An US$8 million research centre that will help Muslim countries set up effective science policies and national systems of innovation will be inaugurated tomorrow (12 July) in Pakistan.
The Technology and Innovation Policy Research Centre in Islamabad is an initiative of COMSTECH, the Organization of the Islamic Conference's (OIC) committee for scientific cooperation.
It will be staffed by scientists and economists with specialist knowledge of science policy who will provide training courses for students, government officials and policymakers from OIC countries.
The centre will also carry out science and innovation policy reviews for OIC countries and produce briefing papers for their policymakers and advisors.
Atta-ur-Rahman, Pakistan's minister for higher education and coordinator-general of COMSTECH, says scientific capacity building in the Muslim world should be driven by different policy instruments depending on the specific needs of individual countries and regions.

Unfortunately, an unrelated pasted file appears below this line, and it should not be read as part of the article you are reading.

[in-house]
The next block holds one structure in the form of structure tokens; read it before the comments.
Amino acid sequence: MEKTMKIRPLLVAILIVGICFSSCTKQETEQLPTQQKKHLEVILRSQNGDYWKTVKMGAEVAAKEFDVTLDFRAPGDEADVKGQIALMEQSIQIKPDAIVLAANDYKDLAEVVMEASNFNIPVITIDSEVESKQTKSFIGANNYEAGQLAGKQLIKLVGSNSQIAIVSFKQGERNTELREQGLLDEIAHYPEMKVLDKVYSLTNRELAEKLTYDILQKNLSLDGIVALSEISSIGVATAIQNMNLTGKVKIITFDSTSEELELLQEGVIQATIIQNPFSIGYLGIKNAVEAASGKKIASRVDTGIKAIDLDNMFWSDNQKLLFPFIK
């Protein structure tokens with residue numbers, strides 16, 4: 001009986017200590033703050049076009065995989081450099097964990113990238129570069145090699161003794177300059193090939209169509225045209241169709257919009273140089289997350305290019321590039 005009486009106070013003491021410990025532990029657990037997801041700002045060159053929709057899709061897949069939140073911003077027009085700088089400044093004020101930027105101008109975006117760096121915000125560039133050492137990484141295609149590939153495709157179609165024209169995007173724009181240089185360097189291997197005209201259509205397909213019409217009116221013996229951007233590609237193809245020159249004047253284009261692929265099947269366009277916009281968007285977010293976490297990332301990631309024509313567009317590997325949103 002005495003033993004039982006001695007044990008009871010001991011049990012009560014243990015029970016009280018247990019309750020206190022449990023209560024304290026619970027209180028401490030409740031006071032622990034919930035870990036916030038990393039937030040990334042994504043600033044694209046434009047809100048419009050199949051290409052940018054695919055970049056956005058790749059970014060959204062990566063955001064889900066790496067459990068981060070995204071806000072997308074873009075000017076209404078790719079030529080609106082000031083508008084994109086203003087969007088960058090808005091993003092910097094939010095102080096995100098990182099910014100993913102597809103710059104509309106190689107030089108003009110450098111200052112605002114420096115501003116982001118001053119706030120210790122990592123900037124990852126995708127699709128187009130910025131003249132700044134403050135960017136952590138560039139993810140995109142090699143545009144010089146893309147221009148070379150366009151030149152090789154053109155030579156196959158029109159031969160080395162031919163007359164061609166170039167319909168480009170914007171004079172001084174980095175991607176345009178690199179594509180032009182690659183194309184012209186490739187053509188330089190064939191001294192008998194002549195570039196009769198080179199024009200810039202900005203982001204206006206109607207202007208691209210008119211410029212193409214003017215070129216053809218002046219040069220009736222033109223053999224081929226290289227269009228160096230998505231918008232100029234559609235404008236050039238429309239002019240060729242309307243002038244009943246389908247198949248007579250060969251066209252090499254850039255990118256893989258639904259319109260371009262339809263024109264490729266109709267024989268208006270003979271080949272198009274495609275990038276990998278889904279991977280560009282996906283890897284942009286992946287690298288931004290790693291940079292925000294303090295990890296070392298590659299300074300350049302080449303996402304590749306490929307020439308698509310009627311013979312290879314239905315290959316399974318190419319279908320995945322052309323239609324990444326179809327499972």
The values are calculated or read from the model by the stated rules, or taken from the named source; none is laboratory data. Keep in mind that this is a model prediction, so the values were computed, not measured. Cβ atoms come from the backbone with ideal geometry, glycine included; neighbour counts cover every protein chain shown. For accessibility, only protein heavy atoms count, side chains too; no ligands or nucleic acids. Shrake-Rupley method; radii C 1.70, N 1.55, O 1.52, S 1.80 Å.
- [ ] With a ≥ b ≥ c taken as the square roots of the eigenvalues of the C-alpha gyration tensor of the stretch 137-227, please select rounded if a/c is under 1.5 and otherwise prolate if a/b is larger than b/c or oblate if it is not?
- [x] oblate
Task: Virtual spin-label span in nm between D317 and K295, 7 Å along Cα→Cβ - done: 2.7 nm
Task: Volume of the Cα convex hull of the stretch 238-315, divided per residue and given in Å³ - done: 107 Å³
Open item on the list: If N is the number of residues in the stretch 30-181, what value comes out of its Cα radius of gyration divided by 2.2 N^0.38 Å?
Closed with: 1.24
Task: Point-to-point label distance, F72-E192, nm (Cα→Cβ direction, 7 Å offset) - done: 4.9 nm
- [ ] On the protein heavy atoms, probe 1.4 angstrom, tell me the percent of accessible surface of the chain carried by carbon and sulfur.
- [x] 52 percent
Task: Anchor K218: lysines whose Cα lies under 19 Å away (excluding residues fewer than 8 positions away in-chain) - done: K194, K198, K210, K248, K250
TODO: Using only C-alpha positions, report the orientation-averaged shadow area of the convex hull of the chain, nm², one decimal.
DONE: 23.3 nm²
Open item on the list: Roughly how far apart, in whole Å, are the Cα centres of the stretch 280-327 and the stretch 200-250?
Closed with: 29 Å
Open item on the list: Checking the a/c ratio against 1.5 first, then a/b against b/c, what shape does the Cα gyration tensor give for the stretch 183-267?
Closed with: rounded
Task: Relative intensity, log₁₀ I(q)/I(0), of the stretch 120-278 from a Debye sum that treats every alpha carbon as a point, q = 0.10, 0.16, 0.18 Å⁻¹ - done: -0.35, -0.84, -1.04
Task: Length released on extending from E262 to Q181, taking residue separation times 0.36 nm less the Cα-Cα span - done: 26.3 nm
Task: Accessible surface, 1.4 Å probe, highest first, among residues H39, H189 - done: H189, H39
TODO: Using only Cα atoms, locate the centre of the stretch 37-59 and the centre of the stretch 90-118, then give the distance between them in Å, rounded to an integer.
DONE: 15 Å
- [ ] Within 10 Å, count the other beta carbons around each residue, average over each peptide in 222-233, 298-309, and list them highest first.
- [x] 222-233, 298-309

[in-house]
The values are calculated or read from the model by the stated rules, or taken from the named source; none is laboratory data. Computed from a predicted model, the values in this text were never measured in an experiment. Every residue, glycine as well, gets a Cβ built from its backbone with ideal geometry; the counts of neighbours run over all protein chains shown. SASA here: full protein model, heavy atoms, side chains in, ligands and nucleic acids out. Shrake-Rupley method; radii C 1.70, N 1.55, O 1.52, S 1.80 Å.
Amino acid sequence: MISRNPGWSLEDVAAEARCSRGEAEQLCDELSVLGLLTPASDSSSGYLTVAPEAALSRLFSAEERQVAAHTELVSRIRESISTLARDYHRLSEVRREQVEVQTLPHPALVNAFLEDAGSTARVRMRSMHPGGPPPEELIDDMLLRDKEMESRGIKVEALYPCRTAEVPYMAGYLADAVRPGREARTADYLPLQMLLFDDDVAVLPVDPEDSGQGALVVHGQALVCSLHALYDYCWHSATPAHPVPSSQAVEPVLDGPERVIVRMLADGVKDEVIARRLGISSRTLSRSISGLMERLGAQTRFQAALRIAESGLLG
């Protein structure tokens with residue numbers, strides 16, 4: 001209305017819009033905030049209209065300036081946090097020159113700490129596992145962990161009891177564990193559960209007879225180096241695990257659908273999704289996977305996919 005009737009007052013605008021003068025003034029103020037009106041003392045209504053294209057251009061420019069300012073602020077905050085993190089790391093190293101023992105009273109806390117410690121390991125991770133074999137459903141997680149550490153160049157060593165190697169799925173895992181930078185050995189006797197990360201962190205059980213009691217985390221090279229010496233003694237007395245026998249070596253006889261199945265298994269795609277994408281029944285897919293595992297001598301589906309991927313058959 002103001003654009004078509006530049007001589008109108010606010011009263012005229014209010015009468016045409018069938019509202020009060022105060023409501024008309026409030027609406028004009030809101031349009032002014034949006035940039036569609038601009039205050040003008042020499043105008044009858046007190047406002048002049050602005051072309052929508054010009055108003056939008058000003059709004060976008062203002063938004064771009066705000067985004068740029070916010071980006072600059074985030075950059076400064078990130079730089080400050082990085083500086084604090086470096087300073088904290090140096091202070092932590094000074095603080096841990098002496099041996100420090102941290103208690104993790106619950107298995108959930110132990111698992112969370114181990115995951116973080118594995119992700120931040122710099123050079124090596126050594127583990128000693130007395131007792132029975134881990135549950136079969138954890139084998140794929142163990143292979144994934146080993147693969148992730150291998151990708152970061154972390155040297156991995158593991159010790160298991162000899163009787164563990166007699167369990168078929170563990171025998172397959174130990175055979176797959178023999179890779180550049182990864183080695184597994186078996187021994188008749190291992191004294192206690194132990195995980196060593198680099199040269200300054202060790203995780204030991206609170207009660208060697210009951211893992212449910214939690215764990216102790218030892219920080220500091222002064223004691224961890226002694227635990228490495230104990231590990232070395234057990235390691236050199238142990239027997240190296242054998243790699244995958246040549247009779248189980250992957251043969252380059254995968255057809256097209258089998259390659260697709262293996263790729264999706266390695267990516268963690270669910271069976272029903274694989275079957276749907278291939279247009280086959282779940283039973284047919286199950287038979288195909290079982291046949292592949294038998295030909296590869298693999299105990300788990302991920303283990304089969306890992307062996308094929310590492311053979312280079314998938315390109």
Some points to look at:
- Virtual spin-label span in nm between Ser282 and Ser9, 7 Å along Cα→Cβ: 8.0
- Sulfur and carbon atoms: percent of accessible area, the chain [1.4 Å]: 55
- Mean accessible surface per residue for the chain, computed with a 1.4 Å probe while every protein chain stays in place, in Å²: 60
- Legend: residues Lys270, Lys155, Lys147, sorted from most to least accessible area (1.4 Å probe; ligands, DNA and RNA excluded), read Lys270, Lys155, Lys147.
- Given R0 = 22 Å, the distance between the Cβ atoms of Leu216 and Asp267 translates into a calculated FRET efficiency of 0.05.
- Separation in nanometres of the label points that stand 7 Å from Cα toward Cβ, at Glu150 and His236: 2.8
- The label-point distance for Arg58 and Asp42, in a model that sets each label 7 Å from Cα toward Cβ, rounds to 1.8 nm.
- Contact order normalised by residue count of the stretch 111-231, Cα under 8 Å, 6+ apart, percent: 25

He points out that of the OIC's 57 members, only a few — including Egypt, Iran, Malaysia and Turkey — have national academies and research councils that can give their governments scientific advice.
Next month (19 August) COMSTECH will launch its Frontier Technologies Research Center, which will host scientific meetings and workshops about how biotechnology can be applied to problems of economic importance in OIC countries.
“[The centre] aims to provide Islamic countries’ biotechnologists with a platform where they can share and enhance their bio-knowledge together and develop collaborative research programmes,” says Atta-ur-Rahman.
He says a two-year workshop programme in nano-medicine, DNA vaccines, gene therapy, industrial biotechnology and the use of bioinformatics in genomics research has been already approved.